Thirty Three Jones

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Kevin Federline -- Playing With Fire:

Before I get into the review of Kevin Federline's Playing With Fire, let me just say that I went into this not expecting much out of K-Fed as an MC. I don't want to ruin the surprise for any of you, but Kevin (or, more accurately, his ghostwriters) comes with lyrics that are filled with nothing but a bunch of played out hip hop cliches. The only question that remained for me was whether Britney Spears' bank account was big enough to buy enough quality beats to make this album even remotely interesting. The answer, with a few exceptions, is "no." Let's break it down track-by-track:

A bunch of fake news clips that talk about Kevin Federline spending long nights in the clubs and criticizing him for being a bad father. I'm not sure why he decided to make his own version of these audio clips, since there were plenty of real news programs that criticized him for being a bad father.

World Is Mine:
K-Fed raps about being a modern day pirate over a beat that features some kettle drums in the background that give the whole thing a Caribbean flavor. The beat then segues into a faster-tempo keyboard loop, with Kevin dropping the pirate metaphors and making the claim that Young Jeezy told him "The World Is Mine."

America's Most Hated:
Kev opens up this track by telling us that his reputation "is fully automatic like an AR" and that he's "committed to the game" over a piano sample. The beat on this song would have actually fit right in with Jay-Z's Black Album, but instead of S.Carter we have K-Fed telling us how he's balling out. If he were better known, its quite possible that Kevin would actually live up to the title of this song.

For whatever reason, this track wouldn't play for me. I'll assume its another track with Kevin bragging about how rich Britney he is.

Lose Control:
You've probably seen the video for this song, with K-Fed sitting in a darkened club spitting out the unforgettable hook, "This is that Hip Hop Flava mixed with a little bit of Rock and Roll." The beat, which would actually work quite well in the hands of a more accomplished rapper, features some more piano work as well as a handclap loop. This song reaches a low point midway through when the beat drops out and we get to hear Kevin kick a few lines acapella.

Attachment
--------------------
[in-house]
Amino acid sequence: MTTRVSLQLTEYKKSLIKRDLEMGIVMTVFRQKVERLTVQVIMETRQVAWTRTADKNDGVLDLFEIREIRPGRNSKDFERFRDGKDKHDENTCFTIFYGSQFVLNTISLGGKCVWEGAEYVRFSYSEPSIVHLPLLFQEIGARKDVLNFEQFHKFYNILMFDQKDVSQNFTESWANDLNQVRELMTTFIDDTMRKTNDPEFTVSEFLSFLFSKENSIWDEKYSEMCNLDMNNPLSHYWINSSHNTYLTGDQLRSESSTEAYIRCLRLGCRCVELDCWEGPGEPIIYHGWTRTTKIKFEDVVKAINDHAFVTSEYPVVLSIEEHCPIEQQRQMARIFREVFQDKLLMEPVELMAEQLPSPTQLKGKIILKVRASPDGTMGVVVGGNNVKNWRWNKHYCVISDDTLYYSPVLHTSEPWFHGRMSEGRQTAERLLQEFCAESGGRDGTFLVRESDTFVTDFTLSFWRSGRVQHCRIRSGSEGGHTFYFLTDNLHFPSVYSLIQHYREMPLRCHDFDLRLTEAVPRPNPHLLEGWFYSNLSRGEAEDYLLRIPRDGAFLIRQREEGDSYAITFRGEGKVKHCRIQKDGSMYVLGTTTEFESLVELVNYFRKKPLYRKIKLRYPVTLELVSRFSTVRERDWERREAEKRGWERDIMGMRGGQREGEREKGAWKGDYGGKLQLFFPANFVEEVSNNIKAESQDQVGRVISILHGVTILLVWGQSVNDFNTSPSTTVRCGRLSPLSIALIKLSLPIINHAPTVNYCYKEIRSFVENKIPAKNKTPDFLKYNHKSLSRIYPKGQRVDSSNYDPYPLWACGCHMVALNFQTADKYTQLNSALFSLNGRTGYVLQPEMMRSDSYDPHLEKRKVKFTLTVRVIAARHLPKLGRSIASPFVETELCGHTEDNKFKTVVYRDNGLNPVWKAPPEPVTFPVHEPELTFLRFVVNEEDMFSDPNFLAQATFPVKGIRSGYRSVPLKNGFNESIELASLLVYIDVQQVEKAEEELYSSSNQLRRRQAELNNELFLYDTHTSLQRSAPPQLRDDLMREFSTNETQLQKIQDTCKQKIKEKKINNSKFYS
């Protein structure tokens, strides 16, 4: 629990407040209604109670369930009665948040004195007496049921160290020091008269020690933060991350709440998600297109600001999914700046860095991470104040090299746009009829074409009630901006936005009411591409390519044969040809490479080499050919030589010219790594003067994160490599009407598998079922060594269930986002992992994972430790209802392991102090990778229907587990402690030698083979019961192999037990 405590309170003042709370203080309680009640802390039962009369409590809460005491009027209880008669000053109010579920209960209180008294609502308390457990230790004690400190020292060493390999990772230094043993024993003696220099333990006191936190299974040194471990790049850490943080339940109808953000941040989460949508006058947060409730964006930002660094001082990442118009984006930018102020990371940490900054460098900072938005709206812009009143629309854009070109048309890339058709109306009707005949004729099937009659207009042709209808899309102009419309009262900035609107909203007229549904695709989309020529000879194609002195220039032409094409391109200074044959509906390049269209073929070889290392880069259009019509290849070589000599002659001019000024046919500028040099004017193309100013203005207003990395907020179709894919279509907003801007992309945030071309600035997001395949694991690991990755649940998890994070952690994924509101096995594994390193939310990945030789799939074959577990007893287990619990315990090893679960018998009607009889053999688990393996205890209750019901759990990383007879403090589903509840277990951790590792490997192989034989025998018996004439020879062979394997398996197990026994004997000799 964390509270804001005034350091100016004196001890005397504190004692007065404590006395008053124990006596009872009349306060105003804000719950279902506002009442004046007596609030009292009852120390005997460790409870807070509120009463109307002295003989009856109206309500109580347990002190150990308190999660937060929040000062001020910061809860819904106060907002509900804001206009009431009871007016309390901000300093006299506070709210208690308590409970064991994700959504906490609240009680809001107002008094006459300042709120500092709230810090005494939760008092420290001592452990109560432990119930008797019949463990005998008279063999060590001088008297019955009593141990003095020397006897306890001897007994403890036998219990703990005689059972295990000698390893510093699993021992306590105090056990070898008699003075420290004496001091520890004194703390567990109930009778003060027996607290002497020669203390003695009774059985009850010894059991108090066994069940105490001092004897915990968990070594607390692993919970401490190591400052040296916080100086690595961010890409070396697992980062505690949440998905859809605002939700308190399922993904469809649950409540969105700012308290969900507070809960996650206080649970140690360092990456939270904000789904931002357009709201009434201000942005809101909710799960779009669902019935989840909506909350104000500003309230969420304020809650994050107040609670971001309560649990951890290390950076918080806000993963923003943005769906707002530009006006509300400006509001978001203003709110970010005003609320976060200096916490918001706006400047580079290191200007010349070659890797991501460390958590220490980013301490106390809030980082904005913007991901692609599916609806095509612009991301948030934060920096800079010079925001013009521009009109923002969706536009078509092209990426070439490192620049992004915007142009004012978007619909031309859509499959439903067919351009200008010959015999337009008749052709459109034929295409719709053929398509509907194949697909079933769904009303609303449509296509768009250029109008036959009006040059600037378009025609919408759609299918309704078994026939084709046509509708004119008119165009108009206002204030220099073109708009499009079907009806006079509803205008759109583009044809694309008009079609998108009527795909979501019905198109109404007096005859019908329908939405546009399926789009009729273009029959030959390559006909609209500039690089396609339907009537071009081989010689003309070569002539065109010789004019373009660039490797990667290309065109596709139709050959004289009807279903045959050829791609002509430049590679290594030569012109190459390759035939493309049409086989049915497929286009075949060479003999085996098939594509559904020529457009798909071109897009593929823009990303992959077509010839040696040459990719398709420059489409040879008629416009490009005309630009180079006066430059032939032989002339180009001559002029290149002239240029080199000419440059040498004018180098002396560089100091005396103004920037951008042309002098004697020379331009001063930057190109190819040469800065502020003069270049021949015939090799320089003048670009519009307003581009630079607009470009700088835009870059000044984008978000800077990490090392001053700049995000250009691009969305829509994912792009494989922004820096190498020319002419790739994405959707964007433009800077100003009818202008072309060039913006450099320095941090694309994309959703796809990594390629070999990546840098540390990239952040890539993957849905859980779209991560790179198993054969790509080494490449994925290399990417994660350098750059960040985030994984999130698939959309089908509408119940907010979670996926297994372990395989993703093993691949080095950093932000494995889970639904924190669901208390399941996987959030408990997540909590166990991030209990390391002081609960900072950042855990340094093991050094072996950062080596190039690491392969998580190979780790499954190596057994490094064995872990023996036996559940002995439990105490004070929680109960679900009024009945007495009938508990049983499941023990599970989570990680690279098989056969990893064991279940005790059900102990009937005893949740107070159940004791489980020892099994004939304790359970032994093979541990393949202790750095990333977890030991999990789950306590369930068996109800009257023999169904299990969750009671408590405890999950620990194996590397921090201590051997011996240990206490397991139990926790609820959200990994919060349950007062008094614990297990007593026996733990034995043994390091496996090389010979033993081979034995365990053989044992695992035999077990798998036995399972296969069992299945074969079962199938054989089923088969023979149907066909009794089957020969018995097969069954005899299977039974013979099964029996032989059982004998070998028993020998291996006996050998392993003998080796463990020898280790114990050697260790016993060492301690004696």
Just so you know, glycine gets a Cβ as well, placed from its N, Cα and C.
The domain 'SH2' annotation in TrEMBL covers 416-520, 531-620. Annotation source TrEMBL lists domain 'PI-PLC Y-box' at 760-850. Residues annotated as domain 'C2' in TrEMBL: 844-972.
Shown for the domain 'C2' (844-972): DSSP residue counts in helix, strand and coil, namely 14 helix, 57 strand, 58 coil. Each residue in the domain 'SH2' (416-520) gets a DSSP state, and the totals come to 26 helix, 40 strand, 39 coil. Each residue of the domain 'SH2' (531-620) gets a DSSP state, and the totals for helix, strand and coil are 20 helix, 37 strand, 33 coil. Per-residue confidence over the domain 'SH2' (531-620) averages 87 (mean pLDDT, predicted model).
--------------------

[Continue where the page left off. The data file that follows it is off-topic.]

Dance with a Pimp (featuring Ya Boy):
The beat on this track has one of those Indian flutes playing in the background (remember when that was hot, back in like 2001?), with Ya Boy handling the hook and adding a verse of his own. This song would have been more interesting if Rakim and Truth Hurts were brought in for a guest appearance instead of Ya Boy. Kevin tells us that he added "30 G's to his dentures like a real pimp do."

Privilege (featuring Bosco):
In the write up for this track, Federline describes it as "probably my strongest record," so I had relatively high hopes for this one. These hopes were quickly dashed when this ode to Hennessy started out with Bosco doing his best Nate Dogg impression over what sounded like an old G-Funk beat, singing, "Let's get something to smoke, and pour me a glass of Privilege to get my throat wet." The most memorable part of this track is when Kevin drops the line, "I'm rich, but my hustle is like a broke nigga's." AOL actually bleeped out the "N word," so its possible he used some other turn of phrase, but I doubt it. If anyone else is actually paying attention to his lyrics, I expect there will be some controversy over this in the near future.